Raheem Sterling’s journey to stardom in England’s Euro 2020 campaign has come against the backdrop of a entrenched media agenda since his departure from Liverpool in 2015.
As one of the historic giants of English football, Sterling’s decision to move to Manchester City – the new boys on the block, a club with much smaller trophy room but much deeper pockets – was condemned in the media and made him a figure of ridicule. among Liverpool supporters.
Many expect Sterling to wilt at City, as his world-class potential – which City believe to have paid £49m for his signature – fades to mediocrity.
A tidal wave of abuse descended on Sterling, who was branded a snake, and the media reaction to his move soon translated into something more sinister, with racial undertones no doubt influencing the treatment of the world-class British superstar in the making.
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Shortly after his move to the Etihad Stadium Sterling, cutting off a less convincing version of the very confident and eloquent spokesman we see today, sat down with Sky Sports reporter Geoff Shreeves to talk about his decision-making process and subsequent reaction to his transfer.
“The main one on my Instagram, is the snake sign. It was the biggest one so far – I’m not trying to make a joke,” Sterling said, when asked about how he believed he was perceived at the time.
“I think someone who loves money too and is hungry for money.
“But realistically I made the decision to improve as a player, and that was the most important thing for my development.
“I just did what I thought was best for my career at the time.”
Given how his Euro 2020 went, it’s impossible to argue that he didn’t achieve what he wanted to achieve.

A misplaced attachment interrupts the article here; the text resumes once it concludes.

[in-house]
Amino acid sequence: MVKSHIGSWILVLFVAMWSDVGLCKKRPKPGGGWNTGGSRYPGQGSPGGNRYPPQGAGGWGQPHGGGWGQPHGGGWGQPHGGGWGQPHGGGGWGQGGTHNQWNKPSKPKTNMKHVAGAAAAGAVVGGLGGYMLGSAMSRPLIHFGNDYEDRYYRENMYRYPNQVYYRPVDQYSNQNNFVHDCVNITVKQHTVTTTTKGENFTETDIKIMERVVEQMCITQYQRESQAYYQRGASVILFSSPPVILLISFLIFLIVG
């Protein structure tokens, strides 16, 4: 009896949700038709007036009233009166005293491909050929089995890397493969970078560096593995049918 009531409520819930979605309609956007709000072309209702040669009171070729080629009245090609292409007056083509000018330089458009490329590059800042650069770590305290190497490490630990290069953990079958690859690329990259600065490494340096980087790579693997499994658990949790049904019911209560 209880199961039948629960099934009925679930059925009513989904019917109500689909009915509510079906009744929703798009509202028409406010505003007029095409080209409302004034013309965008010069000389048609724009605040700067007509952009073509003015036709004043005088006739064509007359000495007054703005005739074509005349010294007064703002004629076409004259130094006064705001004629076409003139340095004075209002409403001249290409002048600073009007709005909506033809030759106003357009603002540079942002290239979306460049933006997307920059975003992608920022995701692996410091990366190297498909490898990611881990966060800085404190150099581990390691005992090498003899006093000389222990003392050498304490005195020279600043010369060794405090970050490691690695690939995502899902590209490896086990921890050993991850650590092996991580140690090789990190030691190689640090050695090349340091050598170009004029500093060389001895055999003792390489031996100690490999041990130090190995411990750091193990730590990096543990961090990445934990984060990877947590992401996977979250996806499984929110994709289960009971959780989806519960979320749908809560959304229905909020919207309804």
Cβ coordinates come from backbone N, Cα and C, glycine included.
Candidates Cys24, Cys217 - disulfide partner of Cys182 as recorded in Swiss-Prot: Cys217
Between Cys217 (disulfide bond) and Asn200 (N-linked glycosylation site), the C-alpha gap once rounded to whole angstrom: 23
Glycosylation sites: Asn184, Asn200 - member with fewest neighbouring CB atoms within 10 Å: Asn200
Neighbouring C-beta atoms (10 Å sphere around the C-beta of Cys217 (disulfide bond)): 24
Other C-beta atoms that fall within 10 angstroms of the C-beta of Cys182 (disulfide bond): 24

At Manchester City he grew into one of the most clinical wing forwards on the planet, taking his game to a new level under Pep Guardiola.
The 26-year-old has scored 114 goals and provided 87 assists in 292 appearances for the club and won nine trophies (five League Cups, three Premier League titles and one FA Cup) in six years.
On the international stage with England this summer, Sterling has stepped up to the plate and taken on the responsibility of being one of Gareth Southgate’s most experienced and senior players in a young and inexperienced squad.
He scored 75% of England’s goals in the tournament and emerged with the opener in a 2-0 win over Germany on Tuesday.
It was a hunting strike that demonstrated his intelligence and running time into the box, a trait he has mastered since being picked up under Guardiola’s wing.
Critics may label him a tap-in dealer, but the regularity with which he finds himself in a position to score is a skill very few players have come close to mastering over the course of their careers.
After years of underappreciation, perhaps Euro 2020 will be the tournament where Sterling will finally get the praise he deserves.
The bold and much-maligned decision to leave Liverpool has now been vindicated.
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